BUFFALO, N.Y. (WKBW) — Ferrell and Felicia Edmunds have a problem. On Sunday night, when the Steelers host the Bills on Sunday Night Football, they’ll have to make a decision.
Will they root on their two oldest sons, Trey and Terrell, who play for the Steelers? Or will they be rooting on their youngest son, Tremaine, who plays for the Bills?
It’s a good problem to have.
On Sunday night the Edmunds brothers will rewrite history when they all suit up in the same game. It will be the first time three siblings play in the same NFL game in 92 years.
“Playing on prime time against my brothers...I mean, what more could you ask for?,” Tremaine said with a smile. “What more could we ask for as a family?”
The youngest brother, Tremaine is just 21-years-old and is a captain on the Bills defense. Terrell, 22, plays safety for the Steelers and was also a first round draft pick in 2018, like Tremaine. Trey Edmunds, the oldest of the three brothers, plays running back for the Steelers.
“Just being able to actually see it happen right now it’s huge, you think about it and you dream about it but you don’t really ever know if it’s actually going to happen,” Trey said earlier this week. “We’re excited and emotions are going to be everywhere but it going to be a good opportunity for our family and both teams.”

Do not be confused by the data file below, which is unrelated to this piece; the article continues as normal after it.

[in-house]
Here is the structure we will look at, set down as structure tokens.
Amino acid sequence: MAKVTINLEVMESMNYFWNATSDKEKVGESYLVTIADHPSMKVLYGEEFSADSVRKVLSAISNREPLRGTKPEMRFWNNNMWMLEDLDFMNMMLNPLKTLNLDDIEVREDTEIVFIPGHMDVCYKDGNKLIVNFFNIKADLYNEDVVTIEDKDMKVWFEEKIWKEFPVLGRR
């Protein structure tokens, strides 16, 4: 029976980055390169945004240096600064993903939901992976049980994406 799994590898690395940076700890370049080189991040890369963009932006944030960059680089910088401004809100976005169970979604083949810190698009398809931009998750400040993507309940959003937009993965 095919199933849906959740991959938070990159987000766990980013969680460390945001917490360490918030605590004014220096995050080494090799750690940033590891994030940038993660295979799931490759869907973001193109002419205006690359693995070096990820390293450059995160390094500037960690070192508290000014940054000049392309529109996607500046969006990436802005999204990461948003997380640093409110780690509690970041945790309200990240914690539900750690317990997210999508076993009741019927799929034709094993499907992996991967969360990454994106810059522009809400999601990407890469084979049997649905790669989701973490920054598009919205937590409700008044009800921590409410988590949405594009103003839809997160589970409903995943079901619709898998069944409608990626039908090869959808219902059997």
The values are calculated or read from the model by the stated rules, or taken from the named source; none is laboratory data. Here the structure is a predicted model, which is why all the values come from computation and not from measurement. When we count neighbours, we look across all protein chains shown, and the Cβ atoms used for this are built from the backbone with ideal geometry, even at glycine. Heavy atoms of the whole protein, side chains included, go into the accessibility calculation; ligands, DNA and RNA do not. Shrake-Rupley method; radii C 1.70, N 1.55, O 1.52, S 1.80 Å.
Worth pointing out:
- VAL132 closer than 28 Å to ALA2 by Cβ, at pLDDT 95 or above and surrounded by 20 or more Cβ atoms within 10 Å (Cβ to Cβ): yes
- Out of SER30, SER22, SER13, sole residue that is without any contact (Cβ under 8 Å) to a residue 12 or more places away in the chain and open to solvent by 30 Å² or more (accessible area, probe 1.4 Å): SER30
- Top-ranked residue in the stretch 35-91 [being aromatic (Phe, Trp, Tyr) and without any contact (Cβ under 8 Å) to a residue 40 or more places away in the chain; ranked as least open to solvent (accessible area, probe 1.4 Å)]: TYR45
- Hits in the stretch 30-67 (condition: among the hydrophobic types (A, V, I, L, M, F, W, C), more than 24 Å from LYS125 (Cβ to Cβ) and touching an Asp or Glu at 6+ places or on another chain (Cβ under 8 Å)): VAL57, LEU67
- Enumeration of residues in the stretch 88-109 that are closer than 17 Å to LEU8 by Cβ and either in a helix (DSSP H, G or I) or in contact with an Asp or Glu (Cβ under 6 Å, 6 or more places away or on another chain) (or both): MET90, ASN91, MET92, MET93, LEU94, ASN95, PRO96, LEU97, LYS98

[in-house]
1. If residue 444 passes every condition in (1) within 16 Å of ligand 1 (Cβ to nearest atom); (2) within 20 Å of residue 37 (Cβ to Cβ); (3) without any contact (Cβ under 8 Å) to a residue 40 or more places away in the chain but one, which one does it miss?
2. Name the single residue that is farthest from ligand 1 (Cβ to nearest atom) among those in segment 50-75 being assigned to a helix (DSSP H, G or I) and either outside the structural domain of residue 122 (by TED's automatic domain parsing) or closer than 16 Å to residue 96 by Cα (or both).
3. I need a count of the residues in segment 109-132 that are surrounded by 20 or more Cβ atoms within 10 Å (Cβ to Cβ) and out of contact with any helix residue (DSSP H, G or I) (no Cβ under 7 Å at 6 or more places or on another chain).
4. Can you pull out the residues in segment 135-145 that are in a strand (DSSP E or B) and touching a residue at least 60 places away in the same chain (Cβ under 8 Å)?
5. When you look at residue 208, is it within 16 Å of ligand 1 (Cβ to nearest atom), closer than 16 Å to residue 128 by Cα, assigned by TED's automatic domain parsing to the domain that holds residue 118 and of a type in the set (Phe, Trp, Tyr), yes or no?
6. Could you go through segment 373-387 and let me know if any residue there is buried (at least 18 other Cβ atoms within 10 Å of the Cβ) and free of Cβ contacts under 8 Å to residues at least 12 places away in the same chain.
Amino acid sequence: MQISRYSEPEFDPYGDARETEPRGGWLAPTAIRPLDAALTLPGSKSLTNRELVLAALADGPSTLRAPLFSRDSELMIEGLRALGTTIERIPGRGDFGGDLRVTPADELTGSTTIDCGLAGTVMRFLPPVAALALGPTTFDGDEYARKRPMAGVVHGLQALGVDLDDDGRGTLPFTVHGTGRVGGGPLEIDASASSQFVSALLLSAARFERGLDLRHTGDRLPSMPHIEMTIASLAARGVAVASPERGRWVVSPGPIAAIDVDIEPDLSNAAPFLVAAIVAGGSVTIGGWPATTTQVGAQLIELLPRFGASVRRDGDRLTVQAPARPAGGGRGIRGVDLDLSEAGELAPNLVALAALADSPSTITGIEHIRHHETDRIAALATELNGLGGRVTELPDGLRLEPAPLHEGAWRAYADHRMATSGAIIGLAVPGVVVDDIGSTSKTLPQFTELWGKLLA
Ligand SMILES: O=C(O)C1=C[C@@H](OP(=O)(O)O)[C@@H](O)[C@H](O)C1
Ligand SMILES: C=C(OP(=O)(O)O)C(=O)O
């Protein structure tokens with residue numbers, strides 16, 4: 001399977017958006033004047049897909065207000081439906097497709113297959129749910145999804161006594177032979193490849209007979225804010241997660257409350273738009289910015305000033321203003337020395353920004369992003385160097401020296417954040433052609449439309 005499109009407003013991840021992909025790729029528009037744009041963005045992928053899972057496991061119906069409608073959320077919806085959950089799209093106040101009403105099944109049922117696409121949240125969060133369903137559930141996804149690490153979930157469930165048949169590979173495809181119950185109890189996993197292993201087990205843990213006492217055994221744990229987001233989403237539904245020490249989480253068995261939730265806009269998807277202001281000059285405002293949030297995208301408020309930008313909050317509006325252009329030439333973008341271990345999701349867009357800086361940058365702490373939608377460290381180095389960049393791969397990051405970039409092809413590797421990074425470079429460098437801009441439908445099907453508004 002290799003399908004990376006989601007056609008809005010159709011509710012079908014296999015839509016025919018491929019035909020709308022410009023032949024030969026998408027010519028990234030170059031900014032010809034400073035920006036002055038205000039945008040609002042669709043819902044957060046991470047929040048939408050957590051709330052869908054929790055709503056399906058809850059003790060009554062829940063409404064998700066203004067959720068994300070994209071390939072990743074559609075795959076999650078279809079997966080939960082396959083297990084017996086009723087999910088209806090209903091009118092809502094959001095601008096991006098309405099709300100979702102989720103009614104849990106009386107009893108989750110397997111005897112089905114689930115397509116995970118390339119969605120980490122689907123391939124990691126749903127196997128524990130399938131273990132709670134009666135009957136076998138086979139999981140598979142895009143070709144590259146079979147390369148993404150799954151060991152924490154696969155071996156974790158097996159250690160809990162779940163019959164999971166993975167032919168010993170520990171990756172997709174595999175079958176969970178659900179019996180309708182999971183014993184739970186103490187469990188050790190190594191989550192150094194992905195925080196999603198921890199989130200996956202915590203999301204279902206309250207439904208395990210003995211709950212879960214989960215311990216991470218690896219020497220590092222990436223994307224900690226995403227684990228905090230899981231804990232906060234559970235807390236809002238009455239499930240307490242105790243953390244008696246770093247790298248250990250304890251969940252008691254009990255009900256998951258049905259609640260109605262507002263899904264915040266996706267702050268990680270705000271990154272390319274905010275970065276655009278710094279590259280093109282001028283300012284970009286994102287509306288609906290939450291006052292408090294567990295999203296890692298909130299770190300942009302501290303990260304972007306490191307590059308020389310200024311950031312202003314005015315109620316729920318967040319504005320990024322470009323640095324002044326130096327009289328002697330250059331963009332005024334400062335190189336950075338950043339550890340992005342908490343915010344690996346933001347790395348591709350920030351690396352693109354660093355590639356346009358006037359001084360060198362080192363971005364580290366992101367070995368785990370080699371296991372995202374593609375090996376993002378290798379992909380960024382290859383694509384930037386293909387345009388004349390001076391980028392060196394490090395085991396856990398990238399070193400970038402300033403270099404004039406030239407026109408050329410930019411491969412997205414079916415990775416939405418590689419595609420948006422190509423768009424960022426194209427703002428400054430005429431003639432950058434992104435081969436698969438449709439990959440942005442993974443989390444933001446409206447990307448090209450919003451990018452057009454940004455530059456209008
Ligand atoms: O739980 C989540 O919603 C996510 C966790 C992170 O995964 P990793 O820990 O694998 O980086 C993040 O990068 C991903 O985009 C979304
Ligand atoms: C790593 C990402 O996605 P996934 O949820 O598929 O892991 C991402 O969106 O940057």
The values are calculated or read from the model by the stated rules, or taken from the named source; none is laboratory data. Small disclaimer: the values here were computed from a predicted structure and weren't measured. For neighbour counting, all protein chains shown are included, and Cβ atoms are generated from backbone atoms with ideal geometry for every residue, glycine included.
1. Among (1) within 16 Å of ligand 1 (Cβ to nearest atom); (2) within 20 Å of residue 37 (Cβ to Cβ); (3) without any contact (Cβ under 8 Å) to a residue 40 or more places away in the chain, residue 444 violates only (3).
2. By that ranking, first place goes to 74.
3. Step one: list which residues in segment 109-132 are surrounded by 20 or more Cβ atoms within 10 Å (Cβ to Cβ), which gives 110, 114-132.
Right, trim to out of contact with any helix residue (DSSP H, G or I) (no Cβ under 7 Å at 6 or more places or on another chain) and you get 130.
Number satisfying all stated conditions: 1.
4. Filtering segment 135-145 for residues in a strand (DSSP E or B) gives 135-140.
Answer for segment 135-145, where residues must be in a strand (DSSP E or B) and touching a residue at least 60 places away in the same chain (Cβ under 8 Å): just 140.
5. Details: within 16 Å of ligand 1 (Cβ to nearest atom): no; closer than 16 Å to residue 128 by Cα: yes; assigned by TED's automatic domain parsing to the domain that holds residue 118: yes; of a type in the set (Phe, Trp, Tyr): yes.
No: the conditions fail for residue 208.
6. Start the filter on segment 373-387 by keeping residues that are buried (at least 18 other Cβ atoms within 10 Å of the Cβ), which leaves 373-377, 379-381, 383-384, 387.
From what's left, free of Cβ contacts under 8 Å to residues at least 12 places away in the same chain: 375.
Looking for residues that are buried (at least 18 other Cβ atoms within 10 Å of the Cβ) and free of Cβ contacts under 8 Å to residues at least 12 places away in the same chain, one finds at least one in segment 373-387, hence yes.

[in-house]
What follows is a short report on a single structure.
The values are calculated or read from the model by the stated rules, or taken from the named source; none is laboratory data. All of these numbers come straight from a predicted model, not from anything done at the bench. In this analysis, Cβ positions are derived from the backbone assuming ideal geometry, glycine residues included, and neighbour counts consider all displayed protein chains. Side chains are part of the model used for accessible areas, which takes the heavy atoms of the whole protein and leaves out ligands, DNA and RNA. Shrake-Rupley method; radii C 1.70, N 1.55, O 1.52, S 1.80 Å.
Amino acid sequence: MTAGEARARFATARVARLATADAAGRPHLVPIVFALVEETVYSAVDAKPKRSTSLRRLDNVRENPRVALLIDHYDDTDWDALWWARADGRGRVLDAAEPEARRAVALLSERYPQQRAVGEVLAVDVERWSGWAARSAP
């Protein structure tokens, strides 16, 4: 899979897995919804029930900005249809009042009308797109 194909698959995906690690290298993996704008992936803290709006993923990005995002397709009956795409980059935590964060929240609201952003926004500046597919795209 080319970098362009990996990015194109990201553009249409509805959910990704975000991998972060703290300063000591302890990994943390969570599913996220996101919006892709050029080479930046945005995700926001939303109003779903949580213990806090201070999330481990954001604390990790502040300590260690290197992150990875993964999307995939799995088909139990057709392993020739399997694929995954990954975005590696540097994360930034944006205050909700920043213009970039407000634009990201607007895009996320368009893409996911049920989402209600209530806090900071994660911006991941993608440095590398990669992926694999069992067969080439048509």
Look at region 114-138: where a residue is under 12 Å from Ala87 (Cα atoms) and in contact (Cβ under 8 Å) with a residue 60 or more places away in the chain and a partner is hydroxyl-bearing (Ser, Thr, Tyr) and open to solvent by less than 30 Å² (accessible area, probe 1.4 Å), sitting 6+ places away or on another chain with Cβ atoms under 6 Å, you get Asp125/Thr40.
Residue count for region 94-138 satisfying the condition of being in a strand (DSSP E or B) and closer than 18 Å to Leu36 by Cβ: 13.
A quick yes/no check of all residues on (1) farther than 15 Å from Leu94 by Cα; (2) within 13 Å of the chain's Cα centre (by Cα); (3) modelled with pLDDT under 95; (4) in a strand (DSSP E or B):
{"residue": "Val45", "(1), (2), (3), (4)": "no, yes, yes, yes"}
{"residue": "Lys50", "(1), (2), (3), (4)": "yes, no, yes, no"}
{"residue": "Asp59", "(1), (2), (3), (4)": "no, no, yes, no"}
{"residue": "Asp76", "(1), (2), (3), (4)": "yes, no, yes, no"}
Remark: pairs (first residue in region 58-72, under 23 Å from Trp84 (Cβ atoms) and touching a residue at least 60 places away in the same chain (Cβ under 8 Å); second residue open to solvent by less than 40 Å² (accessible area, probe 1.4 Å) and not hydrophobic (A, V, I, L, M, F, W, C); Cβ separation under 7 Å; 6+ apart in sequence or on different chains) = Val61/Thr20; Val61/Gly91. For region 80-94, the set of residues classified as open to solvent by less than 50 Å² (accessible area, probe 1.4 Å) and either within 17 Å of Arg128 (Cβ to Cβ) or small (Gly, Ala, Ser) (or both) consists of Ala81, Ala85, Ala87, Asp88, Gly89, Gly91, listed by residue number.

When asked if Trey was excited to get physical with his baby brother, the Steelers running back smirked and said “oh yeah, that’s my job.”
“You know the apple doesn’t fall far from the tree,” Bills head coach Sean McDermott said. “When you see the other siblings and the success they’ve had and you meet their dad, their grandmother, their extended family like I’ve said before about Tremaine, the support he has from his family and the roots he has sets himself and his brothers up for success.”
Tremaine, who has proven to be a leader for the Bills defense in and off the field credits his brothers as a big reason he’s had a successful start to his NFL career. A captain on the Bills defense, Edmunds has 97 tackles and 1.5 sacks.
“We always pushed each other no matter what it was even outside of being on the field and outside of sports. We push each other to be better men, just everything, so I can’t thank them enough because without them, me being the youngest, showing me the right way it really would’ve been hard for me.
And while all three brothers realize how special Sunday night will be, they are focused on a crucial match up with playoff implications.
“Nothing is going to change on Sunday,” Tremaine added. “I want to win so it’s going to be a competitive game, you know so I’m ready for it.”